1CEE9D53-6714-4AA9-AC39-D755AD3603AB.jpeg

The result is here with pretty much the same finish.


Danny
 

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frank123

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That shear bit can make extreme accuracy finishing cuts as close as a tenth (.0001) in metal if you are careful in how you do it.
 

FGarbrecht

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Danny, I'm confused by the pictures of the shear tool. You state that the tool is ground to cut going left to right (headstock to tailstock) but the picture with the tool mounted on the lathe looks like it is oriented for cutting tailstock to headstock. What am I missing? (My spatial-geometric abilities seem to have gotten worse with age.... :rolleyes: )
 

More4dan

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Danny, I'm confused by the pictures of the shear tool. You state that the tool is ground to cut going left to right (headstock to tailstock) but the picture with the tool mounted on the lathe looks like it is oriented for cutting tailstock to headstock. What am I missing? (My spatial-geometric abilities seem to have gotten worse with age.... :rolleyes: )
I made 2 tools, right hand and left hand. Sorry for the confusion. For some reason when turning toward the headstock, the finish isn’t as good. Of course the first tool I made was that one.

I’ll have to play with the tension on the carriage gibs to see if I can fix it, but in the mean time I just made another tool to turn toward the tail stock.

I did NOT get good results with either tool on Ebonite. I had problem with the temperature getting too hot. Maybe it just doesn’t like shallow depths of cut. The tool did wear quickly.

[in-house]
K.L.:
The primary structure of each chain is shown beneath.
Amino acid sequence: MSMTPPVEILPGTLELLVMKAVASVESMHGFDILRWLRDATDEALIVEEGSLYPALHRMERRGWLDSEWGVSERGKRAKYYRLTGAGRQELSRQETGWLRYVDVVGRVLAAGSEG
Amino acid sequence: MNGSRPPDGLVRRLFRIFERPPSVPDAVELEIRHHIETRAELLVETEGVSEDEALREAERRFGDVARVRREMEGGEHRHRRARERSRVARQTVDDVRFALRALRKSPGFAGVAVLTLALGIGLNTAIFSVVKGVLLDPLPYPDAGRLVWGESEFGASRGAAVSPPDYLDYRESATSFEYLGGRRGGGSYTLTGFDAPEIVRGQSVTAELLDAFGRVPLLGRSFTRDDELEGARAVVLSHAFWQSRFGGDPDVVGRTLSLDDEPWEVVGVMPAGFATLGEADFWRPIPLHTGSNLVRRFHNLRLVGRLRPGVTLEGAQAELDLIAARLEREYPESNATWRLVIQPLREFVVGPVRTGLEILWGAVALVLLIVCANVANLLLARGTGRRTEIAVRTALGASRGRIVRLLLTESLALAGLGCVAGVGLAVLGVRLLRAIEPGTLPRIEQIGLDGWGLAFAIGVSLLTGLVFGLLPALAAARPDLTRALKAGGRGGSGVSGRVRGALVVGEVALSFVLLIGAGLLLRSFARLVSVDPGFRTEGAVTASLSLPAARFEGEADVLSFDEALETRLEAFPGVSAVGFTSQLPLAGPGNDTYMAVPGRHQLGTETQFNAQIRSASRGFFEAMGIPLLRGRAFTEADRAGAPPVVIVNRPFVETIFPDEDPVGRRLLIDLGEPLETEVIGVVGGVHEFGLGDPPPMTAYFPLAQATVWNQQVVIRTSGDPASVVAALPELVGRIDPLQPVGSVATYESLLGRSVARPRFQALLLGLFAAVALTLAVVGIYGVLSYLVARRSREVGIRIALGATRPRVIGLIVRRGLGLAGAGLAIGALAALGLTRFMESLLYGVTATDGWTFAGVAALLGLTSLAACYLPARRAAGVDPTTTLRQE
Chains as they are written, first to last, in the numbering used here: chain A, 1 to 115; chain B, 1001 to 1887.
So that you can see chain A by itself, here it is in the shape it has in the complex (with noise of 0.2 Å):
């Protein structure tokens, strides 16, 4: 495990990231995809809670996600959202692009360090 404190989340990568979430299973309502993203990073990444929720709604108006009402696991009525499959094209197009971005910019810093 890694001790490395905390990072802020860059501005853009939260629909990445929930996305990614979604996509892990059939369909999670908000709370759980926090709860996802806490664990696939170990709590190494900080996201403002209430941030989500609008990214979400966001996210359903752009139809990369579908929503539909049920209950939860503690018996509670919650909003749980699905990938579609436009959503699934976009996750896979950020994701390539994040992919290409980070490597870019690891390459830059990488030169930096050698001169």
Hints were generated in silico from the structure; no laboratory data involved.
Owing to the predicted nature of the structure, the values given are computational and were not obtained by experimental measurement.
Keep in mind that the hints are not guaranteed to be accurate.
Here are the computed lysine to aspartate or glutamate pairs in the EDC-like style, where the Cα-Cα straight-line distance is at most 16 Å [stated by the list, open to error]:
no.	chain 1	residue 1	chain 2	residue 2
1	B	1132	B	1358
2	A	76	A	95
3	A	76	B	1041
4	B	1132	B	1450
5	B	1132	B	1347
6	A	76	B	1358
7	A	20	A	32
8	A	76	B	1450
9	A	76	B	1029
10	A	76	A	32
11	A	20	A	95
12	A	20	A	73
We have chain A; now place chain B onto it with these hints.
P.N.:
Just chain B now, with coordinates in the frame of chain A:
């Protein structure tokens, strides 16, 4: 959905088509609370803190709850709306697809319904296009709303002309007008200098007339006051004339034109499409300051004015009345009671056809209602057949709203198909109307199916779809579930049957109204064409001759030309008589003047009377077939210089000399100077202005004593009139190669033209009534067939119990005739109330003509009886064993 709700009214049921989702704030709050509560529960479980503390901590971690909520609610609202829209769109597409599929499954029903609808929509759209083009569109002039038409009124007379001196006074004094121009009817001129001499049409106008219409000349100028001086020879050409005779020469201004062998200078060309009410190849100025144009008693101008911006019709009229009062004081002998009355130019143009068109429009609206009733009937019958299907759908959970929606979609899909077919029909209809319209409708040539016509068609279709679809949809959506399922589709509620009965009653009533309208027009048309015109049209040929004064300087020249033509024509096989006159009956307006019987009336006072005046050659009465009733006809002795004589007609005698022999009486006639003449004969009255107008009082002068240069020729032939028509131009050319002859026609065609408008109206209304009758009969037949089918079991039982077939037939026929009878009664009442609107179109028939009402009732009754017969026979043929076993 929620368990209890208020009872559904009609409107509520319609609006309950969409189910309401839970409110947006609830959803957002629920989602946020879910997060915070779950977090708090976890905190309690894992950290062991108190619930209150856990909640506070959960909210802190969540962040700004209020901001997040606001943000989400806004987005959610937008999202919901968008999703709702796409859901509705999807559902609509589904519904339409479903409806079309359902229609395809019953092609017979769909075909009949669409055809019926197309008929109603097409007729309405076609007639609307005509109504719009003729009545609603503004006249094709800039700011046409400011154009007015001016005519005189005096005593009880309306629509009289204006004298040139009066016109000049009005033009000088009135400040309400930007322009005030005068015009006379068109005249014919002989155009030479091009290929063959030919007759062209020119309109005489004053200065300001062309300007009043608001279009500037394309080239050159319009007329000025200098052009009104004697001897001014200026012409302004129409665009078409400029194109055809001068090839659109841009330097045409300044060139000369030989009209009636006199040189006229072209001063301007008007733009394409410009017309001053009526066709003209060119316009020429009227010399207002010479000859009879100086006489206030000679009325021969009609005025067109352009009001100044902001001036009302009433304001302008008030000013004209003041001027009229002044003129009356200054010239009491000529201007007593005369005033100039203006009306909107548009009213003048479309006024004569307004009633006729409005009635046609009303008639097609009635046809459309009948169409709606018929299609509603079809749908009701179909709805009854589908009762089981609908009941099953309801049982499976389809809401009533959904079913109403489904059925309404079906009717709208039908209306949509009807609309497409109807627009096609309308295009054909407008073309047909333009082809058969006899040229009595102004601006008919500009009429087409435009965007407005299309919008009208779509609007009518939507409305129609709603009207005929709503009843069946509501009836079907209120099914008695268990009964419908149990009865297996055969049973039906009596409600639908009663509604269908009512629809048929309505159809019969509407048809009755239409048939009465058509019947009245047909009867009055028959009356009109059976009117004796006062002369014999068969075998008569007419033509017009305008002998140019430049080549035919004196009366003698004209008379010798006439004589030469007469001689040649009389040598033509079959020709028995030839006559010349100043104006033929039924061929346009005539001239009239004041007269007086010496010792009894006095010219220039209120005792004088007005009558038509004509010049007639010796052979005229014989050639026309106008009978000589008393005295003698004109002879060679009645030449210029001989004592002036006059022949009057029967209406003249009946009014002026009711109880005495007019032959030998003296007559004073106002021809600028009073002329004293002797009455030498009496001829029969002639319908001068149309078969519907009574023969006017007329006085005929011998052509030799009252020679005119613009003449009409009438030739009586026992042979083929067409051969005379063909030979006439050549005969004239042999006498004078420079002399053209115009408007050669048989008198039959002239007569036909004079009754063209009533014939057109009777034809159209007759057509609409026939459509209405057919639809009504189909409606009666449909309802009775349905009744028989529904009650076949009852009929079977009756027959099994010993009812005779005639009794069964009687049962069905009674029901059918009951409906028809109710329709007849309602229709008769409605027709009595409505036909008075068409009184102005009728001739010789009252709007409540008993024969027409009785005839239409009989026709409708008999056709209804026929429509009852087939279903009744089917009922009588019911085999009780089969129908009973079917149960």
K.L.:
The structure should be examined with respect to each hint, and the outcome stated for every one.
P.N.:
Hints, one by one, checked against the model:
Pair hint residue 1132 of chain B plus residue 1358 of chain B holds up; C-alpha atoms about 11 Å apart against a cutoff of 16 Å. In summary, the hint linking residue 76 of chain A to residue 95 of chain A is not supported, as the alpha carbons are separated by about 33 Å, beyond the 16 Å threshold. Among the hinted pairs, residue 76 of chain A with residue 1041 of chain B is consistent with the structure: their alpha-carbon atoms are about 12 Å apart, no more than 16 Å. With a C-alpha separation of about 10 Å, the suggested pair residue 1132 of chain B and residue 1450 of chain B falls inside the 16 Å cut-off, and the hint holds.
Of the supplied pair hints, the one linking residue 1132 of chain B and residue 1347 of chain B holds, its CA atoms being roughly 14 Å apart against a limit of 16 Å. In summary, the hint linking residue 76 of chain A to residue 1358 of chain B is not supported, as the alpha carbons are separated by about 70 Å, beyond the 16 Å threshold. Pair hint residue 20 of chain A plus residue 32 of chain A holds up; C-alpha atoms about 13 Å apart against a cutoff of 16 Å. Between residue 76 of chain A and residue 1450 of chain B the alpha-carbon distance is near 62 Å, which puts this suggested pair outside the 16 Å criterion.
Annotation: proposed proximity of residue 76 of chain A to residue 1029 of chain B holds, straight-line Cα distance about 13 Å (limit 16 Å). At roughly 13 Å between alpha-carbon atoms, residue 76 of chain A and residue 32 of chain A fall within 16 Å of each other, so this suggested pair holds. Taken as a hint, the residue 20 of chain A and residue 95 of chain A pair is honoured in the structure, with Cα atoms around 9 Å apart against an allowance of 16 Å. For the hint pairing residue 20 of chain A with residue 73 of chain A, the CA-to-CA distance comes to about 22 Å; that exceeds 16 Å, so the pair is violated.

Danny


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More4dan

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Now for the next test for the lathe combining multiple modifications at once. I’m testing the slow speed feed along with my pattern tracer to see the kind of finish I can get. Before I started I added a 10mm x 4mm bearing to my tracing stylus to smooth the tracing.
4DCD29C0-A903-41E0-B534-63B35A688E92.jpeg

Here is the result on a piece of acrylic. The last pass was about 0.005” cut, 1200 rpm, and 50% feed speed. I used the same 12mm round carbide cutter to turn from square all the way to the last pass. I will have to smooth out my pattern, I can see imperfections show up in the turning. i also used a stream of air blowing on the blank to keep it cool in the ”valleys” for the last pass. With much of the tool in contact it can get hot enough to damage the material.
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magpens

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Very interesting !!!!

Thanks for showing, Danny !!!

I know that you are just presenting an example, but I hope you aren't planning to make pens of that shape and size !!! .... LOL ....
 

More4dan

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It’s the front end of a Seam Ripper. I had a large order for 30, so I made the tracer mod. I would have saved many hours of sanding if I had this feed mod at the time.
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magpens

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Very cool !!

A commendable "family enterprise" !!!

So the possibility now exists, that, after you have, FIRST, fulfilled the order, and now, SECOND, "automated" the process of making the gizmos,
you will be making many more of those gizmos in the future !!! . And more than one type of gizmo now that you've proven the concept and even taken it past the engineering stage !

Interesting how things work, eh ? . You couldn't NOT do what you did, and now that you have, I hope it pays off in any number of ways in future !!

Even other people like Fred G. have benefited from your ingenuity !! . I would like to be building a device like yours also, but can't quite justify.
It is certainly an inviting project to consider though. . And I have greatly enjoyed following along.

Thanks for all your contributions to "Pen Making Technology" !!!